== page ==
Myths and Legends of Ancient Greece and Rome

Page: 147

For the space of twelve months the Heraclidæ contrived to maintain themselves in the Peloponnesus; but at the expiration of that time a pestilence broke out, which spread over the entire peninsula, and compelled the Heraclidæ to evacuate the country and return to Attica, where for a time they settled.

After the lapse of three years Hyllus resolved on [282]making another effort to obtain his paternal inheritance. Before setting out on the expedition, however, he consulted the oracle of Delphi, and the response was, that he must wait for the third fruit before the enterprise would prove successful. Interpreting this ambiguous reply to signify the third summer, Hyllus controlled his impatience for three years, when, having collected a powerful army, he once more entered the Peloponnesus.

At the isthmus of Corinth he was opposed by Atreus, the son of Pelops, who at the death of Eurystheus had inherited the kingdom. In order to save bloodshed, Hyllus offered to decide his claims by single combat, the conditions being, that if he were victorious, he and his brothers should obtain undisputed possession of their rights; but if defeated, the Heraclidæ were to desist for fifty years from attempting to press their claim.

The challenge was accepted by Echemon, king of Tegea, and Hyllus lost his life in the encounter, whereupon the sons of Heracles, in virtue of their agreement, abandoned the Peloponnesus and retired to Marathon.

Hyllus was succeeded by his son Cleodæus, who, at the expiration of the appointed time, collected a large army and invaded the Peloponnesus; but he was not more successful than his father had been, and perished there with all his forces.

Twenty years later his son Aristomachus consulted an oracle, which promised him victory if he went by way of the defile. The Heraclidæ once more set out, but were again defeated, and Aristomachus shared the fate of his father and grandfather, and fell on the field of battle.

When, at the expiration of thirty years, the sons of Aristomachus, Temenus, Cresphontes, and Aristodemus again consulted the oracle, the answer was still the same; but this time the following explanation accompanied the response: the third fruit signified the third generation, to which they themselves belonged, and not the third fruit of the earth; and by the defile was indicated, not the isthmus of Corinth, but the straits on the right of the isthmus.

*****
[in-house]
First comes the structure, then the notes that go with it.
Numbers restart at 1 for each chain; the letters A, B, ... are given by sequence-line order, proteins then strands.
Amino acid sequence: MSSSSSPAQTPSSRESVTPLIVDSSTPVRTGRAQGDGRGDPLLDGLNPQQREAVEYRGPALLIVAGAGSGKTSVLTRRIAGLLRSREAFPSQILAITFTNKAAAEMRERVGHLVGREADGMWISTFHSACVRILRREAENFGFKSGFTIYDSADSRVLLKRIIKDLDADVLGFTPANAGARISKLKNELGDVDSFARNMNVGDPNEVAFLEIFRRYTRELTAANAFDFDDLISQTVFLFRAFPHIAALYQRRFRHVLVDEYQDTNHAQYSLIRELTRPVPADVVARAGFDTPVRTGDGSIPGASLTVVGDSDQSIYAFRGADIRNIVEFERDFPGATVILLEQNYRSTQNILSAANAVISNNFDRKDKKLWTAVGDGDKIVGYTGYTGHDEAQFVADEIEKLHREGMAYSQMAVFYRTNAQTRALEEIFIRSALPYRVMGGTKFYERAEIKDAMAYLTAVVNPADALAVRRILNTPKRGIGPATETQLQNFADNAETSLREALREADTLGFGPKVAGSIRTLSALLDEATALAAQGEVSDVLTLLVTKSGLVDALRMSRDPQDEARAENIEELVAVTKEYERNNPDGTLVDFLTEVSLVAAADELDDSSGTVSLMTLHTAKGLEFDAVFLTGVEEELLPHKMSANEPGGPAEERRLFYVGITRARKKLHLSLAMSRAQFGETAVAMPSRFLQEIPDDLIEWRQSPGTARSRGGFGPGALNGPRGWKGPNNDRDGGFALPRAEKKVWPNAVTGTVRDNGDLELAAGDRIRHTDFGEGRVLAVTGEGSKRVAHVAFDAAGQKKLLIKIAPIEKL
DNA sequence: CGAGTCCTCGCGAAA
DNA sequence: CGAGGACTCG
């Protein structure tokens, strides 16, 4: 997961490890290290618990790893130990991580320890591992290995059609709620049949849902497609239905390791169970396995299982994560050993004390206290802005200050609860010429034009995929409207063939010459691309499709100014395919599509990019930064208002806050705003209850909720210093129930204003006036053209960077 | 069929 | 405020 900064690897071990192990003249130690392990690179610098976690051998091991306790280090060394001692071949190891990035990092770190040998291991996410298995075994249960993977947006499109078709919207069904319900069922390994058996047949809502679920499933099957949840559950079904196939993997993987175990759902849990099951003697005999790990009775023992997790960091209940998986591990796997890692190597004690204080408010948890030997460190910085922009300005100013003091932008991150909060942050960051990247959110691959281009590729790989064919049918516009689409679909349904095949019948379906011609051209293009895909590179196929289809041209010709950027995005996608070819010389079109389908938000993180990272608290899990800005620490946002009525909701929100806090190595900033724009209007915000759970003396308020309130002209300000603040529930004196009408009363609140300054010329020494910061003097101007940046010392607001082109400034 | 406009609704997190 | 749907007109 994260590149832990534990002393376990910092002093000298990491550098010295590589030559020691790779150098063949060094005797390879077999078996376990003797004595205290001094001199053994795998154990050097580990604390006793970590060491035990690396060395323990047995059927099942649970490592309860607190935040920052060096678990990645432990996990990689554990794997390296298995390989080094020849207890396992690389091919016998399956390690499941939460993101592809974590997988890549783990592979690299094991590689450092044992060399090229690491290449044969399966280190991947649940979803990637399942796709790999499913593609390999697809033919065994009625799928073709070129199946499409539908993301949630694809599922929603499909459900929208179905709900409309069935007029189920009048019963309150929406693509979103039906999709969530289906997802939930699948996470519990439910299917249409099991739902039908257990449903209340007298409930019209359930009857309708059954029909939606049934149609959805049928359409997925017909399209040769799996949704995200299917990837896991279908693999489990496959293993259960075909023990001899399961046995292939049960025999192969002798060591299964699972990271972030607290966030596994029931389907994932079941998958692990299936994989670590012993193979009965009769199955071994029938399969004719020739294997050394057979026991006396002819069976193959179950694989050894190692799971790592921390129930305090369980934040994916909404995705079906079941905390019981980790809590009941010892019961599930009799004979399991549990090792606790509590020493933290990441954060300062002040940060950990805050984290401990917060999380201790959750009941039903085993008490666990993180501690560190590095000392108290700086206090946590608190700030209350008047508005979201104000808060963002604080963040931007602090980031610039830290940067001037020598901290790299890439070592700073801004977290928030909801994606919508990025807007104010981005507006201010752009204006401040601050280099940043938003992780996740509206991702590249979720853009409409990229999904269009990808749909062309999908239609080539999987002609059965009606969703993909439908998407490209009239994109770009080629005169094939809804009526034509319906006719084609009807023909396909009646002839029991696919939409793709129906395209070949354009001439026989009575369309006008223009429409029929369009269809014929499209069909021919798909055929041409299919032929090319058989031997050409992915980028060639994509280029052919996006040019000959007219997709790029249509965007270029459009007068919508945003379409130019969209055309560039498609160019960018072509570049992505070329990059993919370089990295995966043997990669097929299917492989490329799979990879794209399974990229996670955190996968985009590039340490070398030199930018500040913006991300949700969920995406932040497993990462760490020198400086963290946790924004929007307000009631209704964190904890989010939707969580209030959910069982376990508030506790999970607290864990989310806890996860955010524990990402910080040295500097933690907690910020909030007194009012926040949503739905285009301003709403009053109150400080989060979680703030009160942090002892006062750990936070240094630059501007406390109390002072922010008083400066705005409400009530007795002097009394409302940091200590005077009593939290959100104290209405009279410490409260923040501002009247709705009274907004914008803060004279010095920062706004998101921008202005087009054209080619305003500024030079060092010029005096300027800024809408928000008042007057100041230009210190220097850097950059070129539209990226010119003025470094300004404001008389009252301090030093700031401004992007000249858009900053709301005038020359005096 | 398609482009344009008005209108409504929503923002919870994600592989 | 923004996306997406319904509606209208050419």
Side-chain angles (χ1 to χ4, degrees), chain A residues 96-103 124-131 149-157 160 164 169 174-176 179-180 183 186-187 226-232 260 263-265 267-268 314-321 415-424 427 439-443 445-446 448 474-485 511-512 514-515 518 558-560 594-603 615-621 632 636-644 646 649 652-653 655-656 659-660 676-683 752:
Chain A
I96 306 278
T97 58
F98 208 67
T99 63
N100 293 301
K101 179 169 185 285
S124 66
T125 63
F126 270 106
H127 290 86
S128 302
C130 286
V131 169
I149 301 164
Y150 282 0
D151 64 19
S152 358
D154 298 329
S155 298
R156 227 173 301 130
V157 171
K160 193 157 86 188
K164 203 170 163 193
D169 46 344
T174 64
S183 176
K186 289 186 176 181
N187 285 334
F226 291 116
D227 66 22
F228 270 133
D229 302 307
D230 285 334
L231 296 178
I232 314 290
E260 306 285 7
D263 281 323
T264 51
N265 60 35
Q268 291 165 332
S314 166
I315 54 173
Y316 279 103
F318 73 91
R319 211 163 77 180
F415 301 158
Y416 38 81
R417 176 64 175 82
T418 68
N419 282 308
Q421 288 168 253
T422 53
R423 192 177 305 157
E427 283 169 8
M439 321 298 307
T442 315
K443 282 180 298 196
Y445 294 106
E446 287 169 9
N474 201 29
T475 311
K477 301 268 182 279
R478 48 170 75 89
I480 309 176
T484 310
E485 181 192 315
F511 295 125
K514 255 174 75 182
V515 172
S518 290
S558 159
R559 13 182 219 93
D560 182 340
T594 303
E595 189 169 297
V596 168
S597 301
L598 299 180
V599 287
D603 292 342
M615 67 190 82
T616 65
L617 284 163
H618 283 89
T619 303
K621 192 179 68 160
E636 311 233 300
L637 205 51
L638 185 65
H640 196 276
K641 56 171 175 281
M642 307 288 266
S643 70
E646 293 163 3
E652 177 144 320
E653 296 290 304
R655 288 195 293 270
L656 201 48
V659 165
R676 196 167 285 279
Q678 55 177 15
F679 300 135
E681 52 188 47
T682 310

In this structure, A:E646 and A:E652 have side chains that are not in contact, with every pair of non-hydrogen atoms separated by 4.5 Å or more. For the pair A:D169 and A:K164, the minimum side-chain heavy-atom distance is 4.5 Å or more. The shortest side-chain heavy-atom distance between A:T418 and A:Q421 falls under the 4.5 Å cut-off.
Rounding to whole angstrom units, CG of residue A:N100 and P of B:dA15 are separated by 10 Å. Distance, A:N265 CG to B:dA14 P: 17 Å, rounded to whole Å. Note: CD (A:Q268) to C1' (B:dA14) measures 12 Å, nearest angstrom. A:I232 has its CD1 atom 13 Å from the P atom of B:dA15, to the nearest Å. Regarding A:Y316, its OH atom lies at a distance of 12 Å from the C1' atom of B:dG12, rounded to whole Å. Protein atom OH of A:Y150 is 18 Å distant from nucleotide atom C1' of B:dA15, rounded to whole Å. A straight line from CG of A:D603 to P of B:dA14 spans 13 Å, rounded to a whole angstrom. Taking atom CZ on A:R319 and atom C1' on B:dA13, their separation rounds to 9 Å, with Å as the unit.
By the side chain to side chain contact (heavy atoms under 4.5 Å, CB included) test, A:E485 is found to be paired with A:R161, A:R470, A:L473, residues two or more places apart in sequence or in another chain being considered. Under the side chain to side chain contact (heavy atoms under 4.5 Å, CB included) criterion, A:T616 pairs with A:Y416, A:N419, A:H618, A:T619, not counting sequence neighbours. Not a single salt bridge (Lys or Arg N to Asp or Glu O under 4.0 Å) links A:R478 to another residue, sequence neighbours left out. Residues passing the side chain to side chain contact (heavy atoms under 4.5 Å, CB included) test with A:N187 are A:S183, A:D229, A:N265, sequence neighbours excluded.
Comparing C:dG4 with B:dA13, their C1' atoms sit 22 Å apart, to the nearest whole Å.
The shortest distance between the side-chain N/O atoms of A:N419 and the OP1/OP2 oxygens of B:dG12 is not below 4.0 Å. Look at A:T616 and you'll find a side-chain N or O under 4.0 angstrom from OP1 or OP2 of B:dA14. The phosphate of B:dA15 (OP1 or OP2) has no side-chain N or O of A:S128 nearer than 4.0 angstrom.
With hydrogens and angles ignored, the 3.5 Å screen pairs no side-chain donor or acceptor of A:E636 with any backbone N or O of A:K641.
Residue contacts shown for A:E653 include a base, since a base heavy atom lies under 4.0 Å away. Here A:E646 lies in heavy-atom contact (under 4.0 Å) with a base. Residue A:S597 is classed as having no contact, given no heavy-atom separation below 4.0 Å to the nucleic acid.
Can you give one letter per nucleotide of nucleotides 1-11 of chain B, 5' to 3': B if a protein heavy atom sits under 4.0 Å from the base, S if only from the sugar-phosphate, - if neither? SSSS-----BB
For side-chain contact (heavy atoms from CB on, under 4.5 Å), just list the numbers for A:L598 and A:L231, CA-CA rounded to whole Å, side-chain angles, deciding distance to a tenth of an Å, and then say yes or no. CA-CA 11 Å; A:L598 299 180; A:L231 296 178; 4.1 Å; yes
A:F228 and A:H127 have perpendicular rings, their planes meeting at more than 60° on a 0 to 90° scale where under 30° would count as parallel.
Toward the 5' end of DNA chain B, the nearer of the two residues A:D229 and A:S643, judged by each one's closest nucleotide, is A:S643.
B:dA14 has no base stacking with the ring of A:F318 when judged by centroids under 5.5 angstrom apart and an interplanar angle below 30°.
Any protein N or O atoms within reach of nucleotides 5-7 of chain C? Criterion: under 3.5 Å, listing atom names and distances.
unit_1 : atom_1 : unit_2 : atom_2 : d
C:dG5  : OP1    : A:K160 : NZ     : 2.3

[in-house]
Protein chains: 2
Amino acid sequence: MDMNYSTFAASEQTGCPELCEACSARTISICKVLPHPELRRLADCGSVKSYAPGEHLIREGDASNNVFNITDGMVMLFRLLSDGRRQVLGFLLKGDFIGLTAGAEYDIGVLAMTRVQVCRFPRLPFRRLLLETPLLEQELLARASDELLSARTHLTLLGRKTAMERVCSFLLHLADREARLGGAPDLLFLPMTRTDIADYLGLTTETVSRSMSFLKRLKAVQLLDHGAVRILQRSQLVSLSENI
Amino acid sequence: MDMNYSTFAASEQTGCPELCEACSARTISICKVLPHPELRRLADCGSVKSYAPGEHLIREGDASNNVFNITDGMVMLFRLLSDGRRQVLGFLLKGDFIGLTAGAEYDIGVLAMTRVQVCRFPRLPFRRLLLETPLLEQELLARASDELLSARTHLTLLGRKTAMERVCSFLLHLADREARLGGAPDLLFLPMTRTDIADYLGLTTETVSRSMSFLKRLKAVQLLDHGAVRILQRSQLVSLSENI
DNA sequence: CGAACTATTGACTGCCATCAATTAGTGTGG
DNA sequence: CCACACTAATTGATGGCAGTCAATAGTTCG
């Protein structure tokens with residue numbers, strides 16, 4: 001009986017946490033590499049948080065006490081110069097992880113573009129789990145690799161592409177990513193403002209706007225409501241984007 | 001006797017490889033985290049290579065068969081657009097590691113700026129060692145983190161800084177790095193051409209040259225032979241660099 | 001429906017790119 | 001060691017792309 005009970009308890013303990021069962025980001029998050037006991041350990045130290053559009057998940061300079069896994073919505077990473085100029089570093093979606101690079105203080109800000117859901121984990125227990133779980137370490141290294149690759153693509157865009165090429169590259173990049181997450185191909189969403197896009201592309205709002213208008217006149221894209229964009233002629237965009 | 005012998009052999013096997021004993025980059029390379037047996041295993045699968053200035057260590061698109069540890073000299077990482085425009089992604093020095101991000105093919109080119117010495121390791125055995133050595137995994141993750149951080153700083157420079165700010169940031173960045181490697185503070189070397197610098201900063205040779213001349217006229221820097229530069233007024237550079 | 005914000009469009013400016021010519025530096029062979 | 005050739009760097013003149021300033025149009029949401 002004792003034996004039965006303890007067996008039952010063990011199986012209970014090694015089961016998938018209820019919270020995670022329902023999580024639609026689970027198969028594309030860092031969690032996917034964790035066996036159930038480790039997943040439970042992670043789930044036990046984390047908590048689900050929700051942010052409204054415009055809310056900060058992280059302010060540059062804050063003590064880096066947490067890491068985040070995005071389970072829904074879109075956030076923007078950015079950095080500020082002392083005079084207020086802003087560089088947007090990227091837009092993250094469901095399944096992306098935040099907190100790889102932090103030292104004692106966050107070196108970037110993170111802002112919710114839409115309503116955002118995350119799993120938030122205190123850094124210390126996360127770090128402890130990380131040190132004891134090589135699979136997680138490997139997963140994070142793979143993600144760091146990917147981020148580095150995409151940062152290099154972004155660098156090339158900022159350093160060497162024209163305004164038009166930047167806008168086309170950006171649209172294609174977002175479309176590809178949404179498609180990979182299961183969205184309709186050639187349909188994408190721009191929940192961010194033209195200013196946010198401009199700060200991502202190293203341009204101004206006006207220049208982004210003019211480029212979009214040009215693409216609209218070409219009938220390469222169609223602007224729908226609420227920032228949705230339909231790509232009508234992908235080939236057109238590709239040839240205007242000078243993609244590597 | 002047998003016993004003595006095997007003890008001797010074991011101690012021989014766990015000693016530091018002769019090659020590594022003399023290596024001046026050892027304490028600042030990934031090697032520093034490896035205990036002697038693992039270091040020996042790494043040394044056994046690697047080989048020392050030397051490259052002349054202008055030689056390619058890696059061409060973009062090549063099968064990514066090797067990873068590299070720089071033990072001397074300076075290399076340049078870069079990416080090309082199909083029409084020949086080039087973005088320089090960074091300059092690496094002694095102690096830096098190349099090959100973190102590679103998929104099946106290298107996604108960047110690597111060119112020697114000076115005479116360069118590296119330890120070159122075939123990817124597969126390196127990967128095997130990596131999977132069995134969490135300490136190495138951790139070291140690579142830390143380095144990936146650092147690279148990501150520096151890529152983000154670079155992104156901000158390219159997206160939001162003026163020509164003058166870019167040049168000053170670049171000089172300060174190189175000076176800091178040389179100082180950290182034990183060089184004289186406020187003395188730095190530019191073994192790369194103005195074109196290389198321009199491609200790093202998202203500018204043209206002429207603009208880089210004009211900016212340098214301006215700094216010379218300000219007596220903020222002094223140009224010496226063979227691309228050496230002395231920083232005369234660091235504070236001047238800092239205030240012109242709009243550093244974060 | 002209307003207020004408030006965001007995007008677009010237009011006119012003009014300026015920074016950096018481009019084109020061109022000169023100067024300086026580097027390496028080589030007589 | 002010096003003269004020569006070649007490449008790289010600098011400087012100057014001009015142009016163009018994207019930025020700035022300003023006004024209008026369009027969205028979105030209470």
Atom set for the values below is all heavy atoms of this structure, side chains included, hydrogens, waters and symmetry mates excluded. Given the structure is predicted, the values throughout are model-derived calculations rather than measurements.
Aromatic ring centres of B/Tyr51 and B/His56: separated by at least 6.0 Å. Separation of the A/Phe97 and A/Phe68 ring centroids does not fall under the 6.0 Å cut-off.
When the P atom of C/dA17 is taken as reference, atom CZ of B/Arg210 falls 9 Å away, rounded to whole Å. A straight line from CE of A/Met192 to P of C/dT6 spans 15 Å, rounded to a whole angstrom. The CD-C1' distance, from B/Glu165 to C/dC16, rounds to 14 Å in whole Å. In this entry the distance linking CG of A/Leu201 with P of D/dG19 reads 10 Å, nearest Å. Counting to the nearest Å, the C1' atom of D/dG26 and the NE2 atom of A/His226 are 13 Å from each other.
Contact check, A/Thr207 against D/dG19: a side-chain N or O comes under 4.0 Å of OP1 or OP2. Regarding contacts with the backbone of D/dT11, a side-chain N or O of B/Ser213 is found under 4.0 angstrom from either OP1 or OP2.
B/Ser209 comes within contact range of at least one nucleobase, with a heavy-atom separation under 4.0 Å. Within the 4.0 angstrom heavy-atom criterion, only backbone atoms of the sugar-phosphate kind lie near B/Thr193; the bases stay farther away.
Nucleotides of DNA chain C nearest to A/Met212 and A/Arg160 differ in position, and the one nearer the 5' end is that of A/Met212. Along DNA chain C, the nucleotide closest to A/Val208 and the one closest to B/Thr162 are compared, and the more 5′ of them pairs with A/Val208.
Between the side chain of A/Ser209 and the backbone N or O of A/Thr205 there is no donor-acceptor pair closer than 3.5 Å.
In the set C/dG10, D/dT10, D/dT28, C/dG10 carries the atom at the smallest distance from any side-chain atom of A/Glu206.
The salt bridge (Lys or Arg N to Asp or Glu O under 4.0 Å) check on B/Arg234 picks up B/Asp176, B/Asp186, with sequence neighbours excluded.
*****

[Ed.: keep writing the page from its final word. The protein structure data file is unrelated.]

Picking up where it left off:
Temenus lost no time in collecting an army and building ships of war; but just as all was ready and the fleet about to sail, Aristodemus, the youngest of the brothers, was struck by lightning. To add to their misfortunes, Hippolytes, a descendant of Heracles, who had joined in the expedition, killed a soothsayer whom he mistook for a spy, and the gods, in their displeasure, sent violent tempests, by means of which the entire fleet was destroyed, whilst famine and pestilence decimated the ranks of the army.

The oracle, on being again consulted, advised that Hippolytes, being the offender, should be banished from the country for ten years, and that the command of the troops should be delegated to a man having three eyes. A search was at once instituted by the Heraclidæ for a man answering to this description, who was found at length in the person of Oxylus, a descendant of the Ætolian race of kings. In obedience to the command of the oracle, Hippolytes was banished, an army and fleet once more equipped, and Oxylus elected commander-in-chief.